Insurgency-hit Chhattisgarh is one of the five states where Assembly elections will be placed in November-December. As the state gears up for the two-phase polls on 12 and 20 November, tensions have been on the increase, with Maoists issuing warnings against voting, election booths being established in villages for the first time in 20 years, and alliances between formed between regional and national parties.
The conflict between security forces and the insurgents in Chhattisgarh is likely to escalate ahead of the polls, with both sides scrolling up the pressure in terms of the strength of the forces and cadre, as well as arms and ammunition. In Naxal strongholds such as Bastar and Dantewada, security personnel, comprising jawans of the Central Reserve Police Force (CRPF) have been deployed aplenty.
The government and police are expected to be on the biggest alert in the run-up to the elections as insurgents have threatened to disrupt voting. Despite precaution, a Maoist attack on a Doordarshan crew and a convoy of police personnel on 30 October consequenced in the death of the DD cameraperson, Achutyanand Sahu, and three policemen. They were attacked around Nilwaya village in the Aranpur area of Dantewada district. Another attack was also reported in Bacheli, where five people, comprising two Central Industrial Security Force (CISF) personnel, were killed.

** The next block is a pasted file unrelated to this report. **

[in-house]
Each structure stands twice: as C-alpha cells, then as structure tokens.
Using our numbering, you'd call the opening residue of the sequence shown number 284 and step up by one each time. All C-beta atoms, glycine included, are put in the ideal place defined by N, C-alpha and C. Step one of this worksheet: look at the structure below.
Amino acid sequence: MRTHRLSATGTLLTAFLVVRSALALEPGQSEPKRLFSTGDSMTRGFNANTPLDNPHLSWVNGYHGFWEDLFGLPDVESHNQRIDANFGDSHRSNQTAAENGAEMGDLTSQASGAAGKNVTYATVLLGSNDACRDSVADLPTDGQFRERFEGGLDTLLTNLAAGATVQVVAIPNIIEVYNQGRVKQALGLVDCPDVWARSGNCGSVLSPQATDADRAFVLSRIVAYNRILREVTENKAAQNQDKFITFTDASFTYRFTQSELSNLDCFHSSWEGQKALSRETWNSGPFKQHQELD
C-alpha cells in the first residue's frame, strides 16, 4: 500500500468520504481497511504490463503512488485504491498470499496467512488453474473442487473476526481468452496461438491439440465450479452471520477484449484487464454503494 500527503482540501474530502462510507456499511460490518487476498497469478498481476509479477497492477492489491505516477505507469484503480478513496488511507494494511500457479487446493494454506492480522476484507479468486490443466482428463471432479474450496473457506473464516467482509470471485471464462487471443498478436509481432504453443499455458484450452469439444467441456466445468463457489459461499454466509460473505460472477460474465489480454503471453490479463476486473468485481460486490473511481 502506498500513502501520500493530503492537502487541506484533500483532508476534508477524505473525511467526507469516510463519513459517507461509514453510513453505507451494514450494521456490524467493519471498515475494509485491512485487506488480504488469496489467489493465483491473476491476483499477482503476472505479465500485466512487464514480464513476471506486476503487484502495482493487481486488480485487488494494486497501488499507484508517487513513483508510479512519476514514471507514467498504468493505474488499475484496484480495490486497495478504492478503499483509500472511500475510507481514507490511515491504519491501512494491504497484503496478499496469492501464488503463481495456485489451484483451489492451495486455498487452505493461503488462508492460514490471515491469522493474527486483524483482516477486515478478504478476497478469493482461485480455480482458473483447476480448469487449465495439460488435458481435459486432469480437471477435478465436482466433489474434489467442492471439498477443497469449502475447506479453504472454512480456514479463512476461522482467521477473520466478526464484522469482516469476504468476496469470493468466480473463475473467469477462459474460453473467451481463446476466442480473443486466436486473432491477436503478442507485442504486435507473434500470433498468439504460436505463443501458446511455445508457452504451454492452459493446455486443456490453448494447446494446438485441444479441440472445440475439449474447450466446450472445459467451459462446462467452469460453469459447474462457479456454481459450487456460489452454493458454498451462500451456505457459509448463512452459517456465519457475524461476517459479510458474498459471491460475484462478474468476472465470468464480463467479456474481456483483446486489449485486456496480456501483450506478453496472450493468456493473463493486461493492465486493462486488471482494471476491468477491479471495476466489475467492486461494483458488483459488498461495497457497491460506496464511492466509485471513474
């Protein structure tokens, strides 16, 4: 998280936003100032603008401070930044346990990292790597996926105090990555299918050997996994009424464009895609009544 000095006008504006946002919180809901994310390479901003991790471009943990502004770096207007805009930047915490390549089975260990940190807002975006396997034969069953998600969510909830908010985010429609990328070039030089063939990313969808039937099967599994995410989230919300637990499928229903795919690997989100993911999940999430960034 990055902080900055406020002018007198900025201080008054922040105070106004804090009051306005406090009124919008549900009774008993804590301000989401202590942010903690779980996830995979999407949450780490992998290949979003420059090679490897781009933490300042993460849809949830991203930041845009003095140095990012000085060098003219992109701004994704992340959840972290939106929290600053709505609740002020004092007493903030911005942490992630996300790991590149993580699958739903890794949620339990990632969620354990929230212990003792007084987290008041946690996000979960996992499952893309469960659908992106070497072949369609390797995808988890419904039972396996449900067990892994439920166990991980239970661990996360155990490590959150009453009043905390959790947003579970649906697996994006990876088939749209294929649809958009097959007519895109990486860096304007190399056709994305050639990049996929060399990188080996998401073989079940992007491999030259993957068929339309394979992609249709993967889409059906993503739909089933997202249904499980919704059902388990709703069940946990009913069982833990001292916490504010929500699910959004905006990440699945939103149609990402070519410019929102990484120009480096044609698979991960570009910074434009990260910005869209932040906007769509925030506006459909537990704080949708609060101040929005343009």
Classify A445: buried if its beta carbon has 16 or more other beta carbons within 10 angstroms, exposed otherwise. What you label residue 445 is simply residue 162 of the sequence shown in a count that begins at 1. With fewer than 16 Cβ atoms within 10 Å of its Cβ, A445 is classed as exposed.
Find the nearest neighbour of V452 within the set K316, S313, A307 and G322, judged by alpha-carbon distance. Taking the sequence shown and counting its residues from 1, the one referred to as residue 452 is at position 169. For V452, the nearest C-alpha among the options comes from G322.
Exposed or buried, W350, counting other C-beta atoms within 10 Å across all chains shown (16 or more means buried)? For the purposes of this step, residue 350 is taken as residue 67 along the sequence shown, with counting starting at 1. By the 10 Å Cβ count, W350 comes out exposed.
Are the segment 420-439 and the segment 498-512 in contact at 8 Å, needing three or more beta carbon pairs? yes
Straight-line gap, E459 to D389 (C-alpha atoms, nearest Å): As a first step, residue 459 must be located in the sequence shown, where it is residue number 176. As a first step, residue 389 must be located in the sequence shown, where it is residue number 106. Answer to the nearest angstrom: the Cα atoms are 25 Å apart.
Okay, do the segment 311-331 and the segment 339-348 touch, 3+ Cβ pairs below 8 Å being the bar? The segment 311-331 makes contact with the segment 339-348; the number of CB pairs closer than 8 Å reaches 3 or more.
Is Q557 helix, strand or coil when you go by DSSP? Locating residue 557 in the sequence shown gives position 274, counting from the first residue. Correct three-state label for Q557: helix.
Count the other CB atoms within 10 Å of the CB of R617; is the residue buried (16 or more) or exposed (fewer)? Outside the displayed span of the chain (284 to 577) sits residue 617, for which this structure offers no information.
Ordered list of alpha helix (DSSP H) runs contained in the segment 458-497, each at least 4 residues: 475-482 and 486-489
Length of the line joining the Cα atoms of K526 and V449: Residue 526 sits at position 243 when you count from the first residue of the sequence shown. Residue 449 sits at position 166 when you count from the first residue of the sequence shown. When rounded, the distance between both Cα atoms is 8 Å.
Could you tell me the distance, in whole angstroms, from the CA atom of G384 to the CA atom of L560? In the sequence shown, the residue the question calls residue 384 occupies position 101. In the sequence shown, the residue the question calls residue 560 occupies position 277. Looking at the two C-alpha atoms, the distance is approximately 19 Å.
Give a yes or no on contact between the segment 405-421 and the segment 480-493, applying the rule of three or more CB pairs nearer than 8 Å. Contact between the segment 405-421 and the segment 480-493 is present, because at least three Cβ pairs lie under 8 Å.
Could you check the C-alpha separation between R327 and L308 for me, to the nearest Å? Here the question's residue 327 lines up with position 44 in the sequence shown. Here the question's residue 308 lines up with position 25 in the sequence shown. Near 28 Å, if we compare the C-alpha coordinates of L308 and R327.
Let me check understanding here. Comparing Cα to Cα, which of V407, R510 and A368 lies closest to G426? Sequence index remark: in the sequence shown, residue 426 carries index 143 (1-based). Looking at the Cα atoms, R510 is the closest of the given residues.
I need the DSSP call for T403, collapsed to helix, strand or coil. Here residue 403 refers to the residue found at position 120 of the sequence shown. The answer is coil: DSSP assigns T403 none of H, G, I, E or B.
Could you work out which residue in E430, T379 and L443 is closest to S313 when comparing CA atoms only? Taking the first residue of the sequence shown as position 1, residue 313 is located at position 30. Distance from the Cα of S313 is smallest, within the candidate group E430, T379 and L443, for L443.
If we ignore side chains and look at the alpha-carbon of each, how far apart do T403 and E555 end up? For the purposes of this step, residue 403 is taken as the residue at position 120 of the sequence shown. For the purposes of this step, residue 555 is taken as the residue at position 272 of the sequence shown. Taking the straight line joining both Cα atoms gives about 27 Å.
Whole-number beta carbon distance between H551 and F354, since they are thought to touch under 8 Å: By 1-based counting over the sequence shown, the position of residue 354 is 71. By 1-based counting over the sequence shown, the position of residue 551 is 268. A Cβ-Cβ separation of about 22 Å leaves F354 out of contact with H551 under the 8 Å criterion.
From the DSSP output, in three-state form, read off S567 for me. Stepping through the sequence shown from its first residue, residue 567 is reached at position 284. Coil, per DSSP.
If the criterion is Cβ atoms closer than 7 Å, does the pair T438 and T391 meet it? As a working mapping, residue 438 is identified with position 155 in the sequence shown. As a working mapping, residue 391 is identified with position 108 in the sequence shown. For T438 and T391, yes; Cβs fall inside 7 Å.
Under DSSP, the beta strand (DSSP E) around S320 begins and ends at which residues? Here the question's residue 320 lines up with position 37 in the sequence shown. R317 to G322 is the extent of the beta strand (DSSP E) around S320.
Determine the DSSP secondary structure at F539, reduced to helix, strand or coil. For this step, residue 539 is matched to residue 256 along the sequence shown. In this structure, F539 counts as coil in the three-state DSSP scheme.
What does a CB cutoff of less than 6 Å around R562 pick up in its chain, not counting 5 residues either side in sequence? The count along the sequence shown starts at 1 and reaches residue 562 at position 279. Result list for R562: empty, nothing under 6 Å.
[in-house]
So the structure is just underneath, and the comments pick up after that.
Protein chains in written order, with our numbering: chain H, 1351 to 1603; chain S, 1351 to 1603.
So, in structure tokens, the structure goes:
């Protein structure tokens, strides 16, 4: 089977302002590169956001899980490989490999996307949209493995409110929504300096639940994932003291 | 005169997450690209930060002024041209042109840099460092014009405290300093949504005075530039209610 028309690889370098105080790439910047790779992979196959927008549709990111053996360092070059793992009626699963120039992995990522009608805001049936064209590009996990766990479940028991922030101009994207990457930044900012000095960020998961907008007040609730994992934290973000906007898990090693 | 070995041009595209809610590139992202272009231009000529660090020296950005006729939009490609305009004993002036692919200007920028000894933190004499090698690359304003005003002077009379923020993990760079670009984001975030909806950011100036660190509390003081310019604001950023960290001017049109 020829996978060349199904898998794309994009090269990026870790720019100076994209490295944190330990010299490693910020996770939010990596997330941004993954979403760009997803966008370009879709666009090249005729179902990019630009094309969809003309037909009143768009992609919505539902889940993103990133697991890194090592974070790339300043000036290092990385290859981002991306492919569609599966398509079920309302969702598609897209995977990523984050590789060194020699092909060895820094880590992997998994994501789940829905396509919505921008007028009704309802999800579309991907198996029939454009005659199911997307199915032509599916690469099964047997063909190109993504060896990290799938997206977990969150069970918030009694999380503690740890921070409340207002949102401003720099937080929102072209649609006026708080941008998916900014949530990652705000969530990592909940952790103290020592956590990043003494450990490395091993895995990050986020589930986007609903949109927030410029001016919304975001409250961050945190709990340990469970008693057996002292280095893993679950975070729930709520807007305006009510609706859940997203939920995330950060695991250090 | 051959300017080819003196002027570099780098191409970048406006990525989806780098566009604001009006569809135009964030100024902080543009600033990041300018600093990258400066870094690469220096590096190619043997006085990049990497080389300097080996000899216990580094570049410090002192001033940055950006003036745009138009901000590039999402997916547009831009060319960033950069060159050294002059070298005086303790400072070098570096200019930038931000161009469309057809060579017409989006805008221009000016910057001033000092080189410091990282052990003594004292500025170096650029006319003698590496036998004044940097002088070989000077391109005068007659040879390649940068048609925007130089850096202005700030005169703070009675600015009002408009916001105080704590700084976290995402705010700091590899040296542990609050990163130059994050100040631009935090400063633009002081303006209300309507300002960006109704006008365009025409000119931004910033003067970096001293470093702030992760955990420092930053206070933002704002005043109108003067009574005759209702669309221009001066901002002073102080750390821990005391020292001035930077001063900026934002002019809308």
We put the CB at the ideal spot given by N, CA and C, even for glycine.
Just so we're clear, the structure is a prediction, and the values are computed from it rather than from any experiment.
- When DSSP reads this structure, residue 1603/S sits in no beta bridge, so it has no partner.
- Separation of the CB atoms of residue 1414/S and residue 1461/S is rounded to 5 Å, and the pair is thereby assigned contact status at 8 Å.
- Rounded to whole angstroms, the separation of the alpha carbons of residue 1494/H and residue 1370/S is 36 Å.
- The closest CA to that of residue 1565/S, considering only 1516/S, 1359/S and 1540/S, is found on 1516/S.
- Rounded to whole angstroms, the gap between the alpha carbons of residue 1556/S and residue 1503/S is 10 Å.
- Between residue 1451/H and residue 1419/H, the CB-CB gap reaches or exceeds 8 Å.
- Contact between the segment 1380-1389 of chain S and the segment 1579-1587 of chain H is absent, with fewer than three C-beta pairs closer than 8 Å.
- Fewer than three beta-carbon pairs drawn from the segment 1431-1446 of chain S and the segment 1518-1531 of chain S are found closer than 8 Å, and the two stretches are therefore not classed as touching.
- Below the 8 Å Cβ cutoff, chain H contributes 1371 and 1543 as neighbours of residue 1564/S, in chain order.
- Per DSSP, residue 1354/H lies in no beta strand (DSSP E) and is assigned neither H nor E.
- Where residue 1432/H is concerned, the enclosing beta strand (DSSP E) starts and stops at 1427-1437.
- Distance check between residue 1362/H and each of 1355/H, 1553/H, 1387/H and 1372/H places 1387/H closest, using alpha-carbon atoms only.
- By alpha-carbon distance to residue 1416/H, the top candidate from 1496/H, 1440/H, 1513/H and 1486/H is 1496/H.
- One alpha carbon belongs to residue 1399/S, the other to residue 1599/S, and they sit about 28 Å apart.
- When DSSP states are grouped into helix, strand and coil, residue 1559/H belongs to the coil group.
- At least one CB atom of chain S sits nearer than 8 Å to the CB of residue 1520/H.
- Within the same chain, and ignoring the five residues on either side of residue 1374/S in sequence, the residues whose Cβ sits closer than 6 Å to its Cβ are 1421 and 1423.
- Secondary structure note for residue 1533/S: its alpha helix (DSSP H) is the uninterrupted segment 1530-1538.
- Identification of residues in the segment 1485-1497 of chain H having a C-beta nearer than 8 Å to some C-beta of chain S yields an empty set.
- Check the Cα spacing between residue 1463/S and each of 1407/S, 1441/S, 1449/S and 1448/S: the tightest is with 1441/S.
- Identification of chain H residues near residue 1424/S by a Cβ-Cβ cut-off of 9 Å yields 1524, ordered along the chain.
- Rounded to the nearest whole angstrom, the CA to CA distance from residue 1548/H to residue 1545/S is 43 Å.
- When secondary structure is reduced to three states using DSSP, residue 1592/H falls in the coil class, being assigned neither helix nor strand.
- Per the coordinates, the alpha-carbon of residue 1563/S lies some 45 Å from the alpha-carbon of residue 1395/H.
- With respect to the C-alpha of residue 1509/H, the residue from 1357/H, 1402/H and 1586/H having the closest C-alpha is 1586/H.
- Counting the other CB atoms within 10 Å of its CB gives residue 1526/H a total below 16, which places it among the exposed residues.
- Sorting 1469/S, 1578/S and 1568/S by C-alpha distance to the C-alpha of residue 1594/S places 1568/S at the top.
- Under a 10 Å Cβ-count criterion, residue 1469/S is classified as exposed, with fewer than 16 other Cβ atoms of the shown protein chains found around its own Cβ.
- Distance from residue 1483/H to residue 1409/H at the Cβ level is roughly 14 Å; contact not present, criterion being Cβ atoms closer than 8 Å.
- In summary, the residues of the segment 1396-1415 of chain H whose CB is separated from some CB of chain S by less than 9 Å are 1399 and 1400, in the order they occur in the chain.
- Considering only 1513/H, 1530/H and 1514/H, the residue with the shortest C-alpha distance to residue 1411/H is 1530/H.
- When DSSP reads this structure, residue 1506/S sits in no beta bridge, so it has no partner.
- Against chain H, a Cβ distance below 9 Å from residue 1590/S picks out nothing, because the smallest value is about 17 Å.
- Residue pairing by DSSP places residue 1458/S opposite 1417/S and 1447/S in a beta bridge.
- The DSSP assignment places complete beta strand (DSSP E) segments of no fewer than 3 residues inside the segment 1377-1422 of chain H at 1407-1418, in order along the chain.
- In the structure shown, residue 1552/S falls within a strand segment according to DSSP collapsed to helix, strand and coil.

However, in a letter dated 2 November, the Communist Party of India (Maoist) showed regret for Sahu’s death and said: “journalists were not enemies, but friends”. Sainath of the CPI (Maoist)’s Darbha Divisional Committee said: “…There are regular attacks on villages; villagers are killed in fake encounters; they are slapped with fake cases, and fake surrenders are orchestrated. In this environment, work began on 1 October to construct a road connecting Aranpur to Burgum. To protest this development, we ambushed a police unit on 30 October.”
The Dantewada incident not only highlights the significance of the elections being organized at Maoist hotbeds but is also a chilling reminder of the Darbha Valley massacre in 2013, in which much of the Chhattisgarh Congress’ top leadership of the time was wiped out.